Protecting, Promoting and Supporting Breastfeeding

We know that babies get the best start in life when they are exclusively breastfed for the first 6 months, and continue breastfeeding with complimentary feeding until they are 2 years old, following World Health Organization guidelines established in 2018.

As World Breastfeeding Week and National Breastfeeding Month begin, 1,000 Days celebrates the progress made to support mothers in breastfeeding their babies, while also recognizing the additional steps that need to be taken to truly support all those who wish to initiate and sustain breastfeeding. From policy changes to individual support, more action is needed to achieve breastfeeding goals globally. In the US, a recent win for breastfeeding mothers is the PUMP for Nursing Mothers Act, PUMP for Nursing Mothers Act, which extends the right to receive break time to pump and a private place to pump at work to more nursing employees. Another win for breastfeeding science globally is the 2023 Lancet Breastfeeding series which reinforces the power of breastfeeding, policy changes needed to protect breastfeeding, and calls out intrusive marketing strategies utilized by formula companies to diminish breastfeeding.

Even though breastfeeding is the best way to protect newborns from malnutrition, infections, and disease, only 48% of babies around the world are exclusively breastfed based on data from 2015-2021. Breastfeeding support is recognized as a “Power 4” nutrition intervention, showcasing how critical it is for mothers and babies in low- and middle-income countries to support health and nutrition. Not only is breastfeeding counseling impactful on health and nutrition outcomes, but it is also one of the most cost-effective nutrition interventions, yielding up to $35US in economic returns with a $1US investment.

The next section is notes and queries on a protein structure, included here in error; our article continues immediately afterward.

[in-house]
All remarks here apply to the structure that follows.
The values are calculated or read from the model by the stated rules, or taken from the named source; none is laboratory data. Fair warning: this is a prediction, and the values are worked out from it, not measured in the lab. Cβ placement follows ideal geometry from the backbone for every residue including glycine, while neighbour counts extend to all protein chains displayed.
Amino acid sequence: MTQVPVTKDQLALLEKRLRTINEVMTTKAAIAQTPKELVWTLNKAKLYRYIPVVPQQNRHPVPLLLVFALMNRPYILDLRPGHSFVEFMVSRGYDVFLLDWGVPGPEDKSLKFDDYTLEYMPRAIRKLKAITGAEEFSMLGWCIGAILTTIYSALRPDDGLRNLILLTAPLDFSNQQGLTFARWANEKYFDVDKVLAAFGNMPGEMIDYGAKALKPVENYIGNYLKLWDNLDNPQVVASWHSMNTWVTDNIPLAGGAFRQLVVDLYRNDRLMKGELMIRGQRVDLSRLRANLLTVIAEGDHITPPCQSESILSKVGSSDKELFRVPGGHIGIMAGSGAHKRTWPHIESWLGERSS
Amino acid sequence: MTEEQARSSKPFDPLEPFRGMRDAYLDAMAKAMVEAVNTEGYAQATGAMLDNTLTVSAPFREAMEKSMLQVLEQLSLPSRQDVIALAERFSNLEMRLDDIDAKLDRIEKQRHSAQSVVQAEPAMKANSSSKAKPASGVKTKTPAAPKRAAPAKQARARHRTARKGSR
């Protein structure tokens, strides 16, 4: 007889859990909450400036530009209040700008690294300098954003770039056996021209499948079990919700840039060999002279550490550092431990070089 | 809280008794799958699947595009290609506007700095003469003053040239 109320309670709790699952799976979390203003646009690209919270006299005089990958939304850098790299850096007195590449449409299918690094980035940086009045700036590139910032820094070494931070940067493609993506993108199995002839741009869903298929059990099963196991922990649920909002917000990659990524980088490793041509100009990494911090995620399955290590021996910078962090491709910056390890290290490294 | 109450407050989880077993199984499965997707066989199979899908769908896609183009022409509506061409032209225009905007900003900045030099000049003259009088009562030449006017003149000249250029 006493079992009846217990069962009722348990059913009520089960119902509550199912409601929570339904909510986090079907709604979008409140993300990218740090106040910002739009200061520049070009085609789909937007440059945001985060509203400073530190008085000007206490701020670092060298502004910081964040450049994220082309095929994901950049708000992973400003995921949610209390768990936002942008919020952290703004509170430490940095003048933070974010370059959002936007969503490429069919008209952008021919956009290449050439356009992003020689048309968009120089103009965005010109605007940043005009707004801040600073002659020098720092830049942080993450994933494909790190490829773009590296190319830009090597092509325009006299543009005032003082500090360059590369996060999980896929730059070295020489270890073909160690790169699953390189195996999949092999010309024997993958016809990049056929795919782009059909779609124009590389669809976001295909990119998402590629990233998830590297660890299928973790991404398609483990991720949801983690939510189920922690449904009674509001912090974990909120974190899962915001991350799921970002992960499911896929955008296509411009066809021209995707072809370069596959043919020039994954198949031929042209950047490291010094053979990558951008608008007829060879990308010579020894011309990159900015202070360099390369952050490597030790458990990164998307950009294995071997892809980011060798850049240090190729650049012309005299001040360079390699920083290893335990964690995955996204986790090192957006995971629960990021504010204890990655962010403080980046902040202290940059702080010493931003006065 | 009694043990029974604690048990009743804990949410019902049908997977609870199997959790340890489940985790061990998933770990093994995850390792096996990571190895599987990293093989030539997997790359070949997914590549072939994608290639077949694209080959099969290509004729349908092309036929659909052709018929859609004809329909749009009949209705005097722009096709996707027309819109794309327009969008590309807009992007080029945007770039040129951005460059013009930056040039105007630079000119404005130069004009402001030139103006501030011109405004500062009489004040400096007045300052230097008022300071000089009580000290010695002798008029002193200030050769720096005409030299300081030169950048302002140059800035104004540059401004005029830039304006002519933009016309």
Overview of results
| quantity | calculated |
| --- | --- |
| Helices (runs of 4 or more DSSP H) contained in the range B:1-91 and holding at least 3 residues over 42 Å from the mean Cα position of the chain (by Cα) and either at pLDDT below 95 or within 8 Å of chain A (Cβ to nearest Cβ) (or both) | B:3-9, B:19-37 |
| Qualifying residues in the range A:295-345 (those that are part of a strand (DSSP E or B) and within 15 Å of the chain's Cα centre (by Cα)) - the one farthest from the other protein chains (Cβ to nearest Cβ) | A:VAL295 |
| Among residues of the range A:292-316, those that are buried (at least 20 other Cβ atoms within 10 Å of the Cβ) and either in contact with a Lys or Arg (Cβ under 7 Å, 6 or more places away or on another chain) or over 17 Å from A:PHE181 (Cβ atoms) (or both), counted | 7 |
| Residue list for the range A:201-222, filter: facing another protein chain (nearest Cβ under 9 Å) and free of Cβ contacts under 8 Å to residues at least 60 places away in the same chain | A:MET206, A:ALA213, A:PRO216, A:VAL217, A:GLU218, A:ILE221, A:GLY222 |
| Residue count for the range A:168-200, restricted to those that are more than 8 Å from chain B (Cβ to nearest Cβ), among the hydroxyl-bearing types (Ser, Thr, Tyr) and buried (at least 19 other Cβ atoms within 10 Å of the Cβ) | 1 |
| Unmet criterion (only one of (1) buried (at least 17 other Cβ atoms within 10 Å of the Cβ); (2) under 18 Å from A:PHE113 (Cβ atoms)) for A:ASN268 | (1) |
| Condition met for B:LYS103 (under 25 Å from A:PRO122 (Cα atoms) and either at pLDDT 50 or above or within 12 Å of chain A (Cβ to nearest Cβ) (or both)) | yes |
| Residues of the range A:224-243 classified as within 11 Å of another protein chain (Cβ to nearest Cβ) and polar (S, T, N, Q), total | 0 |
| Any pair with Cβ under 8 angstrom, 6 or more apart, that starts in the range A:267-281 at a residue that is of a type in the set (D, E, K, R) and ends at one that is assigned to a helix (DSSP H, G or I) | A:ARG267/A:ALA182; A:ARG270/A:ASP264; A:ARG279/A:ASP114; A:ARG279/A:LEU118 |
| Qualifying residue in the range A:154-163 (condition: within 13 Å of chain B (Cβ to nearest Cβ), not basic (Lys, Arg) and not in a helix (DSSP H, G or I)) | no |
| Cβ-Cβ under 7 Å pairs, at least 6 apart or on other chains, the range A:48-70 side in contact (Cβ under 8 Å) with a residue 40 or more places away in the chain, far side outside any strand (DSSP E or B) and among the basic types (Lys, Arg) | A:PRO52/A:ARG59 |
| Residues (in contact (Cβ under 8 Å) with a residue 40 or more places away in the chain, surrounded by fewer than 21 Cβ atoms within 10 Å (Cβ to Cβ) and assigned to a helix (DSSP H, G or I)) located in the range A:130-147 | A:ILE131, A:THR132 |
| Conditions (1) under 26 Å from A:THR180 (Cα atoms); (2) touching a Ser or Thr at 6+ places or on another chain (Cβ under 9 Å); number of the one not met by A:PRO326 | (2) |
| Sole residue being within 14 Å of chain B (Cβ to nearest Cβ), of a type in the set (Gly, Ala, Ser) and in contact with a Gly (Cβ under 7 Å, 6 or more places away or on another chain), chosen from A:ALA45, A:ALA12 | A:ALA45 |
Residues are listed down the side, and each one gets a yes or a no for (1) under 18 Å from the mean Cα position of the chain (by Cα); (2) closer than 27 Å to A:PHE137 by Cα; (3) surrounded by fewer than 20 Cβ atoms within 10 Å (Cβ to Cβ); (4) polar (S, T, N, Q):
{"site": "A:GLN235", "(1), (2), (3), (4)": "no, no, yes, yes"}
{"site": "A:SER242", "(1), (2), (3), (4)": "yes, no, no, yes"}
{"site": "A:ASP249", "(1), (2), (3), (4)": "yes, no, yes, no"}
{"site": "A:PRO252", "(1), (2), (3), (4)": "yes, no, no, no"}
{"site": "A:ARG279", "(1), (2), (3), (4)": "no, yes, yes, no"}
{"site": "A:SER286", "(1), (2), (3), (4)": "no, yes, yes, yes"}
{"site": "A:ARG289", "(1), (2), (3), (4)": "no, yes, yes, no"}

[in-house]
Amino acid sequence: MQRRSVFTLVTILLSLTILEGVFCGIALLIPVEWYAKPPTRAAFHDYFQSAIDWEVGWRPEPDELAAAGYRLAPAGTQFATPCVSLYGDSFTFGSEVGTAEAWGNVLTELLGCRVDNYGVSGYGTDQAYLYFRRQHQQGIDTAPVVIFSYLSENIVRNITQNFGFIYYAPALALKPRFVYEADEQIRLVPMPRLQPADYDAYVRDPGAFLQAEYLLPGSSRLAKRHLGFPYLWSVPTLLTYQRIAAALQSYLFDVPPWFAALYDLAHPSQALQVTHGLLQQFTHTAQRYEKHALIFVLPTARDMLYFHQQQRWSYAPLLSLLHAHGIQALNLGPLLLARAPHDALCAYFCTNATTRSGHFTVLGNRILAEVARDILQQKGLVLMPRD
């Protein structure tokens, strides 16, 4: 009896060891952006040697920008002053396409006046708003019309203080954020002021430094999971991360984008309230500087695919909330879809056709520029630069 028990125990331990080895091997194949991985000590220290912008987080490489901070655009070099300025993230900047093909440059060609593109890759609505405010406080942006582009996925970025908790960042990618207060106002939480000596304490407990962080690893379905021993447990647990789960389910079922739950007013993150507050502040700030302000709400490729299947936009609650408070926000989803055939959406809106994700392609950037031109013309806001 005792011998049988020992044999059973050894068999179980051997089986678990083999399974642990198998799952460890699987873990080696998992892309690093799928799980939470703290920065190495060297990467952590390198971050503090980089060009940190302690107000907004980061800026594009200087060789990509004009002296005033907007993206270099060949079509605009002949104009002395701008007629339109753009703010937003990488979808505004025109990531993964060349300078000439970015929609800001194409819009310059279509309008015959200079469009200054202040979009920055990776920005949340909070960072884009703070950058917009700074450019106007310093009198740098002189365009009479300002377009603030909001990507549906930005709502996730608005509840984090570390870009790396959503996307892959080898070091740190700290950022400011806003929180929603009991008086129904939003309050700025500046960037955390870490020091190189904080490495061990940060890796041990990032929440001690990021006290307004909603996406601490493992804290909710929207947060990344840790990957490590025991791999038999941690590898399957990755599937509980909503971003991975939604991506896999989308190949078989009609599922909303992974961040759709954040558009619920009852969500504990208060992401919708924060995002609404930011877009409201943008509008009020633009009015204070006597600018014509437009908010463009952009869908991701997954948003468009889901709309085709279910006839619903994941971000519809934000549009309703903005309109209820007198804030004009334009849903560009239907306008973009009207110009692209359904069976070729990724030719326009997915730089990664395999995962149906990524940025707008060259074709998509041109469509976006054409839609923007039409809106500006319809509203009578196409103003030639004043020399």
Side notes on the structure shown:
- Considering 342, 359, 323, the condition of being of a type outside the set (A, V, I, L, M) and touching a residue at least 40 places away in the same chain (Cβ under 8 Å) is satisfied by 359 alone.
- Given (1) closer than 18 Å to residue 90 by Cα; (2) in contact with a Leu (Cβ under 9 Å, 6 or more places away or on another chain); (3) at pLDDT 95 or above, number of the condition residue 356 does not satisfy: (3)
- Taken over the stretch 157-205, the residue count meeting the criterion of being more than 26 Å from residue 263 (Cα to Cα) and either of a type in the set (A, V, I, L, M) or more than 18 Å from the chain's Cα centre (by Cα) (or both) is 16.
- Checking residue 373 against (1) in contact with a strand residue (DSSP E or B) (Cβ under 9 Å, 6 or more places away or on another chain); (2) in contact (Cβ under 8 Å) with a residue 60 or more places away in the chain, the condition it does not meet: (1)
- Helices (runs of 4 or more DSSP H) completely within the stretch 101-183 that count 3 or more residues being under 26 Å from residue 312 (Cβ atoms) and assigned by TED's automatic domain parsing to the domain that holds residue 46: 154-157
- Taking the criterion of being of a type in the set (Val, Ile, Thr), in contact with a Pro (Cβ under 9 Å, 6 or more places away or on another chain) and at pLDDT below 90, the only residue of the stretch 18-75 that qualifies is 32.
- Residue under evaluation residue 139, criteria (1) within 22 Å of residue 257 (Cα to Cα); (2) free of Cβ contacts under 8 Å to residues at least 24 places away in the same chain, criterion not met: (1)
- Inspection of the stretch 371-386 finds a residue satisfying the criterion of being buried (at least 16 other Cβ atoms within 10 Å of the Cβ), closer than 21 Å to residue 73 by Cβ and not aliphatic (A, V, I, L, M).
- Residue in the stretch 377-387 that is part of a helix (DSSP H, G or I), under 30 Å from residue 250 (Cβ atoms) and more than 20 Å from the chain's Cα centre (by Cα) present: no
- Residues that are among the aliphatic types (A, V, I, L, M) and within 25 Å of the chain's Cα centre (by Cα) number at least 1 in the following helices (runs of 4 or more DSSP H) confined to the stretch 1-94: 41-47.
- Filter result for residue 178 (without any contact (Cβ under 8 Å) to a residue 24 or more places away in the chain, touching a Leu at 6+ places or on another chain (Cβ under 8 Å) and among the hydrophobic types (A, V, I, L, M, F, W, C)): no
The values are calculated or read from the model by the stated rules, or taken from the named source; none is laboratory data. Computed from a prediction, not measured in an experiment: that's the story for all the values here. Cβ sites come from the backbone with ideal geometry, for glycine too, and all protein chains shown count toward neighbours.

Across the United States Agency for International Development’s 14 priority geographies, breastfeeding counseling rates remain low. On average, in these areas, only 45% of mothers are receiving breastfeeding counseling in the 2 days after delivery. Breastfeeding counseling, whether individually or in a group setting, can help ensure mothers have the support they need while also helping them gain confidence and overcome challenges in their breastfeeding journey.

Governments, development partners, UN agencies, and non-government organizations have pledged to improve nutrition globally, particularly through increased investments in breastfeeding, as outlined at the 2021 Nutrition for Growth Summit. Additionally, the Global Breastfeeding Collective identified policy priorities for countries to implement to support, protect and promote breastfeeding:

  • Increase funding to raise breastfeeding rates from birth through two years.
  • Fully implement the International Code of Marketing of Breastmilk Substitutes and relevant World Health Assembly resolutions through strong legal measures that are enforced and independently monitored by organizations free from conflicts of interest.
  • Enact paid family leave and workplace breastfeeding policies, building on the International Labour Organization’s maternity protection guidelines as a minimum requirement, including provisions for the informal sector.
  • Implement the Ten Steps to Successful Breastfeeding in maternity facilities, including providing breastmilk for sick and vulnerable newborns.
  • Improve access to skilled breastfeeding counseling as part of comprehensive breastfeeding policies and programs in health facilities.
  • Strengthen links between health facilities and communities, and encourage community networks that protect, promote, and support breastfeeding.
  • Strengthen monitoring systems that track the progress of policies, programs, and funding towards achieving both national and global breastfeeding targets.

As global leaders and governments continue to address the rising rates of malnutrition, which is impacting more than 1 billion adolescent girls and women worldwide, attention should be hyper-focused on breastfeeding support and counseling, through increased investments and policy changes, to support the health and nutrition of both current and future generations.